Drop! Buy! Refinance! Sell! DBRS helps make the call. The company issues credit ratings for corporate, financial, and government bonds throughout the world. Canada's largest credit rating agency, DBRS also operates in the US, Latin America, Europe, and Asia. In the US, DBRS is one of the 10 official Nationally Recognized Statistical Rating Organizations (NRSROs) approved by the SEC; about a dozen European nations have granted the company External Credit Assessment Institution (ECAI) status. DBRS maintains ratings on more than 43,000 companies. DBRS uses a variety of quantitative methodologies based on the various industries and markets it covers. Chairman and owner Walter Schroeder founded the company in 1976.
Schroeder stepped down as CEO in 2008. He was succeeded by his son David, previously the company's COO.
The credit rating industry, which had already been under fire for calling Enron a good credit risk in the days before the company declared bankruptcy, found itself under public scrutiny again for its role in the global recession in 2008 and 2009. Critics accused agencies of failing to alert investors to the weakened state of troubled companies, wreaking havoc on the credit markets. The agencies have also been accused of using oligarchic, opaque, and even self-serving methodologies. DBRS in particular came into the spotlight for giving high ratings to Canadian debt that other agencies had passed on rating; those products ended up causing big losses for investors. The company responded by assuring regulators and investors that it will operate in a more transparent fashion.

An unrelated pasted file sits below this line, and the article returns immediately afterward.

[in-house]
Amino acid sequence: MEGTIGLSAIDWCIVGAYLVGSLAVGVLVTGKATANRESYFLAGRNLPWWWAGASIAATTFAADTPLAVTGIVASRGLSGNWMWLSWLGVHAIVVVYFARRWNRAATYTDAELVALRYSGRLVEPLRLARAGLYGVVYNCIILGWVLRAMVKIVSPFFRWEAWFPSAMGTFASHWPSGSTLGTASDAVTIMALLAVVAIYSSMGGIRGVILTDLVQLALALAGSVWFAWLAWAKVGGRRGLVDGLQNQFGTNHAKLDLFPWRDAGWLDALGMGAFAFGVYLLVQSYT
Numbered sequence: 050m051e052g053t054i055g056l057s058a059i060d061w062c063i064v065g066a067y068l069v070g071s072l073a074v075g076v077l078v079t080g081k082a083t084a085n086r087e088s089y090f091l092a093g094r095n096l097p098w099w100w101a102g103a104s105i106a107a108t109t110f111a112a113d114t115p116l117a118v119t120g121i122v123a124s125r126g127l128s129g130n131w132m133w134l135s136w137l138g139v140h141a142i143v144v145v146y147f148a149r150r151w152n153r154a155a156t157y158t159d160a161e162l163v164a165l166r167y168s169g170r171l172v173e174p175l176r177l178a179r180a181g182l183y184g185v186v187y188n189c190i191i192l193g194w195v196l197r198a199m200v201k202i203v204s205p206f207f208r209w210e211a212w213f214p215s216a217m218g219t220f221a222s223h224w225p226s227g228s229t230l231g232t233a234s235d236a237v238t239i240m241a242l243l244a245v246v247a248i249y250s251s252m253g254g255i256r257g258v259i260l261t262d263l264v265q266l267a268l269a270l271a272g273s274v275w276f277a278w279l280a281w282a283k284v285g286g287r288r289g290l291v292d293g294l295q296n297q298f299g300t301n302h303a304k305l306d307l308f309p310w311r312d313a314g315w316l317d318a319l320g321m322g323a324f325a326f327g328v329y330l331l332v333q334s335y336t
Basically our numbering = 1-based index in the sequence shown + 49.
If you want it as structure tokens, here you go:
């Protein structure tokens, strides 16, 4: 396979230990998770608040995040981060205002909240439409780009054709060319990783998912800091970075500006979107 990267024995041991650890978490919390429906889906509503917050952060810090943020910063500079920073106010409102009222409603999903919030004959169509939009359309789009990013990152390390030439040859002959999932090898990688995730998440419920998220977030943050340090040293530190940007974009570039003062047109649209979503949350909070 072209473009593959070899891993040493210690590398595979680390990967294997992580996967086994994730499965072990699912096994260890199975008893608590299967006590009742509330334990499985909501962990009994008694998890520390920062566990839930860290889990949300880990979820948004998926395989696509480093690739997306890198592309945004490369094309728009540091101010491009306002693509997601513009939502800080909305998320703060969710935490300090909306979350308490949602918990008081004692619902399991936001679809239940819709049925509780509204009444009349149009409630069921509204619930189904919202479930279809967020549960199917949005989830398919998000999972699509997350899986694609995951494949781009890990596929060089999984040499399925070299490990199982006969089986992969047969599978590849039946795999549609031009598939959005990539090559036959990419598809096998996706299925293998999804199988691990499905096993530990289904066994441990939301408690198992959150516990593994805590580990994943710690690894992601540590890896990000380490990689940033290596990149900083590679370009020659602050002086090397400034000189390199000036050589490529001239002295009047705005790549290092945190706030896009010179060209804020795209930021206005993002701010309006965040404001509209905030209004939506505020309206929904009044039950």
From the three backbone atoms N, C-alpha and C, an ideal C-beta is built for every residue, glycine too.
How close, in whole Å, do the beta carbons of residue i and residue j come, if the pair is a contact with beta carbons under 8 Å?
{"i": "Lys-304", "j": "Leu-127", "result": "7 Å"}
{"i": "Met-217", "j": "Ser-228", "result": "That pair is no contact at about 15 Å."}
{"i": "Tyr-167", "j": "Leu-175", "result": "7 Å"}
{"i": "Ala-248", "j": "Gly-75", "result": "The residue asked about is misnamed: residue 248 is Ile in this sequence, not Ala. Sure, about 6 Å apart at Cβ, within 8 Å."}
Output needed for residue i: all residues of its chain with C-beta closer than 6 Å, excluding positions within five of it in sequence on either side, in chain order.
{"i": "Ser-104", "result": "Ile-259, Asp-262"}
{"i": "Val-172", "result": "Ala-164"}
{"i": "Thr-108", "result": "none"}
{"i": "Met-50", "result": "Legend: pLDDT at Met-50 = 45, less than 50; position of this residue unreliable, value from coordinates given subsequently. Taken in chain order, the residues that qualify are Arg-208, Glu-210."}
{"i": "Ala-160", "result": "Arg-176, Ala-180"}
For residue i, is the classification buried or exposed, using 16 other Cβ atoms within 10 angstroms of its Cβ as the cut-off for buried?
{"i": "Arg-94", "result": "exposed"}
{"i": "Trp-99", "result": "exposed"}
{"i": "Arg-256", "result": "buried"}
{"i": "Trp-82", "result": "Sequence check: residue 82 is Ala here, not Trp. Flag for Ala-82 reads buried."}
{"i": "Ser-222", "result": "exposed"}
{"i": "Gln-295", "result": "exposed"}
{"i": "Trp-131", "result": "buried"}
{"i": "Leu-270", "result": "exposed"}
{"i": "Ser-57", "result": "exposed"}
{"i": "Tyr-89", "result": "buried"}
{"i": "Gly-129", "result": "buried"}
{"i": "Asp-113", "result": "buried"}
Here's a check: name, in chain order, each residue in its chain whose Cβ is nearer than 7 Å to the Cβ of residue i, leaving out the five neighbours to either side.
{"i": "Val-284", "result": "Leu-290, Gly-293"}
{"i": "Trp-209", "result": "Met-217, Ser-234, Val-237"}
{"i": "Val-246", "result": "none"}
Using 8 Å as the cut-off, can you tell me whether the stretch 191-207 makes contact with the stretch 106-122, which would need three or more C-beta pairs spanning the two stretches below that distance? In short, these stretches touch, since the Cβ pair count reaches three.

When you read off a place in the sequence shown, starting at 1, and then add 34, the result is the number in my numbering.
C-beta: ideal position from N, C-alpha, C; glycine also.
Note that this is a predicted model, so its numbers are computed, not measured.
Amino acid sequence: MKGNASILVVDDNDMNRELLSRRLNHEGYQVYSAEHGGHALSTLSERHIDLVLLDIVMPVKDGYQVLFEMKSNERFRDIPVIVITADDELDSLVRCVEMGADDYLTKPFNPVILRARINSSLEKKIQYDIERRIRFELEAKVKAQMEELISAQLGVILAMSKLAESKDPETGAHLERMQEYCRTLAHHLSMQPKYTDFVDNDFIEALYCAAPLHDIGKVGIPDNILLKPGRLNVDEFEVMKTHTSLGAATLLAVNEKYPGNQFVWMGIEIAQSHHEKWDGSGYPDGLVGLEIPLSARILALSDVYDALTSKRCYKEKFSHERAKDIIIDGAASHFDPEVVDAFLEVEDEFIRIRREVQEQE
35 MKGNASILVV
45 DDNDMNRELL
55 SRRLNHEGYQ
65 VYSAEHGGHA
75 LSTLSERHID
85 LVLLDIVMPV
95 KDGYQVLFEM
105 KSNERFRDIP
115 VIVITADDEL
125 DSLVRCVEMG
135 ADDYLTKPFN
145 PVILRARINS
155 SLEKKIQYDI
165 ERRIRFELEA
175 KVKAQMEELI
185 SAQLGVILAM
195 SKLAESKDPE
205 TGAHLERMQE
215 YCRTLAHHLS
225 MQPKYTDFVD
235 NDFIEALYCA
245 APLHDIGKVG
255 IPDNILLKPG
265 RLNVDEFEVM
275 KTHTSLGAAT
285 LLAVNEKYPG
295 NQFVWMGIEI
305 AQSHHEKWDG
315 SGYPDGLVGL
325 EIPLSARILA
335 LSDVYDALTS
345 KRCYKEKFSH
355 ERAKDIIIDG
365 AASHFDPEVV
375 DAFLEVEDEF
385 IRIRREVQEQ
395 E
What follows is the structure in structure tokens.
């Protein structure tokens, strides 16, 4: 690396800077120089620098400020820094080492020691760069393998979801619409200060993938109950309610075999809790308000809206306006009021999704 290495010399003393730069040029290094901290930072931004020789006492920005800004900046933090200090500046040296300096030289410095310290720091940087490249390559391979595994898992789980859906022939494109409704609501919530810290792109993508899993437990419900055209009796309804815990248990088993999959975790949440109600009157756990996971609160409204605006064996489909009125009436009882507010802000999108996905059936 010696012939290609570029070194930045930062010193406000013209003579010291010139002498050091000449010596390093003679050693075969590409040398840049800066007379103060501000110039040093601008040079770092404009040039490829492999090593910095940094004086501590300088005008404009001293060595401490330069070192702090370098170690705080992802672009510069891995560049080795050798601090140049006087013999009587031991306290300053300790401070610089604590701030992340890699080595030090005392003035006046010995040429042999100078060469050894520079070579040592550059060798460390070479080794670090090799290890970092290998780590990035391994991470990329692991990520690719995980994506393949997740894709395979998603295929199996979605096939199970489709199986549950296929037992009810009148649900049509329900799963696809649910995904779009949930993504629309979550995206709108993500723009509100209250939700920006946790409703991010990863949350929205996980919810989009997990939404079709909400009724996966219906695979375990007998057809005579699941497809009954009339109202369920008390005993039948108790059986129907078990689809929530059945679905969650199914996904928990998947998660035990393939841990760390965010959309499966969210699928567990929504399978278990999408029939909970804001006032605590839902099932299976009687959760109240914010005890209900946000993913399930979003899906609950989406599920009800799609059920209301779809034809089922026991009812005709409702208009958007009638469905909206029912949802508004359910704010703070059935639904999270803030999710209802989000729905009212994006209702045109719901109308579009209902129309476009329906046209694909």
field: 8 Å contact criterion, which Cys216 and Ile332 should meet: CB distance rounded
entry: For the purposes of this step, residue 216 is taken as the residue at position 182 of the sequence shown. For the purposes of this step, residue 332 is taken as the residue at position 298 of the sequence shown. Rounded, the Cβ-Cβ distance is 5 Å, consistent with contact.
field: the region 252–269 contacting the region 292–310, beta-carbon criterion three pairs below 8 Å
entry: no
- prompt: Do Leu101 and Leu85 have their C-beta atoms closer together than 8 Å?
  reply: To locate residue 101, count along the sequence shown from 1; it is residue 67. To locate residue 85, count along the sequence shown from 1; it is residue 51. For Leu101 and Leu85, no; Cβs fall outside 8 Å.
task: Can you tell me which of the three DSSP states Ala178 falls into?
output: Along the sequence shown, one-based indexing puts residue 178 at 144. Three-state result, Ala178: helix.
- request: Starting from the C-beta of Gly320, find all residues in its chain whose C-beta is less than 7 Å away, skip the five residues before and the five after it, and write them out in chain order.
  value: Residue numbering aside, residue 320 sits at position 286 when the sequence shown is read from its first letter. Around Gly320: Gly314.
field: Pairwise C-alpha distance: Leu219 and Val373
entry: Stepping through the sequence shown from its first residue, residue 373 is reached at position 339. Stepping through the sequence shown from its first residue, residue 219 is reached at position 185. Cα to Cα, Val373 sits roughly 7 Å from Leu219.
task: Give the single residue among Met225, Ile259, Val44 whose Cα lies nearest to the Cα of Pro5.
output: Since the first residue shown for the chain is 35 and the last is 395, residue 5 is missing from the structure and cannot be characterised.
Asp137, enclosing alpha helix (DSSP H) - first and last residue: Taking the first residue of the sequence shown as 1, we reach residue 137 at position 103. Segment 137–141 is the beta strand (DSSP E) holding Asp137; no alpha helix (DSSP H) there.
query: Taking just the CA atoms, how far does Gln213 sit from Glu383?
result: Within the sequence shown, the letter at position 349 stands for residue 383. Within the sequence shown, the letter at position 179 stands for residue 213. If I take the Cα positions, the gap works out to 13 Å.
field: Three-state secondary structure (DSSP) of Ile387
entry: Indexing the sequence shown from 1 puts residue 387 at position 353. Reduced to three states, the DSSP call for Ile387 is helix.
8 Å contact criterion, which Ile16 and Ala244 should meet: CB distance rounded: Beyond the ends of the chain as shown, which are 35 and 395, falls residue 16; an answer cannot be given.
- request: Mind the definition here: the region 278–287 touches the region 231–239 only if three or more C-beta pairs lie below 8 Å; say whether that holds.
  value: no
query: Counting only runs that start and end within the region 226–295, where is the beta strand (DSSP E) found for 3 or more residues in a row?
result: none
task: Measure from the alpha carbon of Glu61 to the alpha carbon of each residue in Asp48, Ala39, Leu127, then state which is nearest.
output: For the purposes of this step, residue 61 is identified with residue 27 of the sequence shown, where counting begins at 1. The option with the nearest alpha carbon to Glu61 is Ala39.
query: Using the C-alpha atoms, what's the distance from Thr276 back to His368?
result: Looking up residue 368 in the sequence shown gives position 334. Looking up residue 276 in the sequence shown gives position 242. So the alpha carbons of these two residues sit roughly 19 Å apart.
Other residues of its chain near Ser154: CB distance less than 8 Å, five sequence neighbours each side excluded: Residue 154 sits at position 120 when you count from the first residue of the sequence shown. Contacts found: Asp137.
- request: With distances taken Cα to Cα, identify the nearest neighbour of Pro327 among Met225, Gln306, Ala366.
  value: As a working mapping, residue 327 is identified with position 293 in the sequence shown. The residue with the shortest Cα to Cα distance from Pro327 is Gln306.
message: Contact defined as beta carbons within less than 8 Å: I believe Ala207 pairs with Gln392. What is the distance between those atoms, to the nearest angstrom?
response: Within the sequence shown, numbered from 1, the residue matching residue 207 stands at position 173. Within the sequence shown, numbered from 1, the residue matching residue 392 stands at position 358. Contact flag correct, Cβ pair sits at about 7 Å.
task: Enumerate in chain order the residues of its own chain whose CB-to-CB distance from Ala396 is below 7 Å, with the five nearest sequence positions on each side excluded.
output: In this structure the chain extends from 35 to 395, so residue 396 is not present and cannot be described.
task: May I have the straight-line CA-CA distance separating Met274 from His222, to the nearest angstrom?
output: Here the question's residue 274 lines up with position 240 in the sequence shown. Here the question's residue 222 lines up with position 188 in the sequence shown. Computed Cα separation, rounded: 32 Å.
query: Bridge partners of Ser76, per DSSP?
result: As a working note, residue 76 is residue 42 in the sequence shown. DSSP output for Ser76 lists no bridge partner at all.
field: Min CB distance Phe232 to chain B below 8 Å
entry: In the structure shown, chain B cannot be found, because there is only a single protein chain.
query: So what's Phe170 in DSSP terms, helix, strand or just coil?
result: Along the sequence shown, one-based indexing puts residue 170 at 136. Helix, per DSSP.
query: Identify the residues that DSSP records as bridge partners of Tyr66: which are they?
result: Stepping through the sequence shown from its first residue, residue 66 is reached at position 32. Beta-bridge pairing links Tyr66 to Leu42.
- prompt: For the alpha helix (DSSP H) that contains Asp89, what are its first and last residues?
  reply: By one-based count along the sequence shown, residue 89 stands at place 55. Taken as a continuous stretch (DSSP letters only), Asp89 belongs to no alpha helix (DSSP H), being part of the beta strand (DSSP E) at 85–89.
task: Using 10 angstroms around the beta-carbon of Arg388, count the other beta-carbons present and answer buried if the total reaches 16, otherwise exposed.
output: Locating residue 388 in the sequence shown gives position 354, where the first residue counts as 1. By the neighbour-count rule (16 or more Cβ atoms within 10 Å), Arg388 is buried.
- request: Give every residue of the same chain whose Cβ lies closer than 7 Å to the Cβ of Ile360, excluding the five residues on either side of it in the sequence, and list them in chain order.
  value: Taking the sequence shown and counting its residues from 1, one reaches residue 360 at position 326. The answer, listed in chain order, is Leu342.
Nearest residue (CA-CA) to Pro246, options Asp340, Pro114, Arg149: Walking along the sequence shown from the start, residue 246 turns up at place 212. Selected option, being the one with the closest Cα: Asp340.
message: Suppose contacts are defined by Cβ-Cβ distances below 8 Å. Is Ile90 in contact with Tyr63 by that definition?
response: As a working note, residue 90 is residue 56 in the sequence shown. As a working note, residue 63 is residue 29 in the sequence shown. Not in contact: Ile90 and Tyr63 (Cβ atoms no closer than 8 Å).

In 2008, the company closed its three offices in Europe (in Frankfurt, London, and Paris), where it began branching into providing structured finance ratings in 2005. The company laid off about a third of its staff, including some 70 employees in North America.
In more uplifting news, the US government in 2009 allowed DBRS (and Realpoint, another rating agency) to rate commercial mortgage backed securities (CMBS) for its $800 billion Term-Asset Backed Securities Loan Facility (TALF) program, the second major government bailout program after the more well-known Troubled-Asset Relief Program (TARP). TALF was initially open only to ratings giants Moody's, Fitch Ratings, and Standard & Poor's.
DBRS has offices in Toronto, New York, and Chicago. – less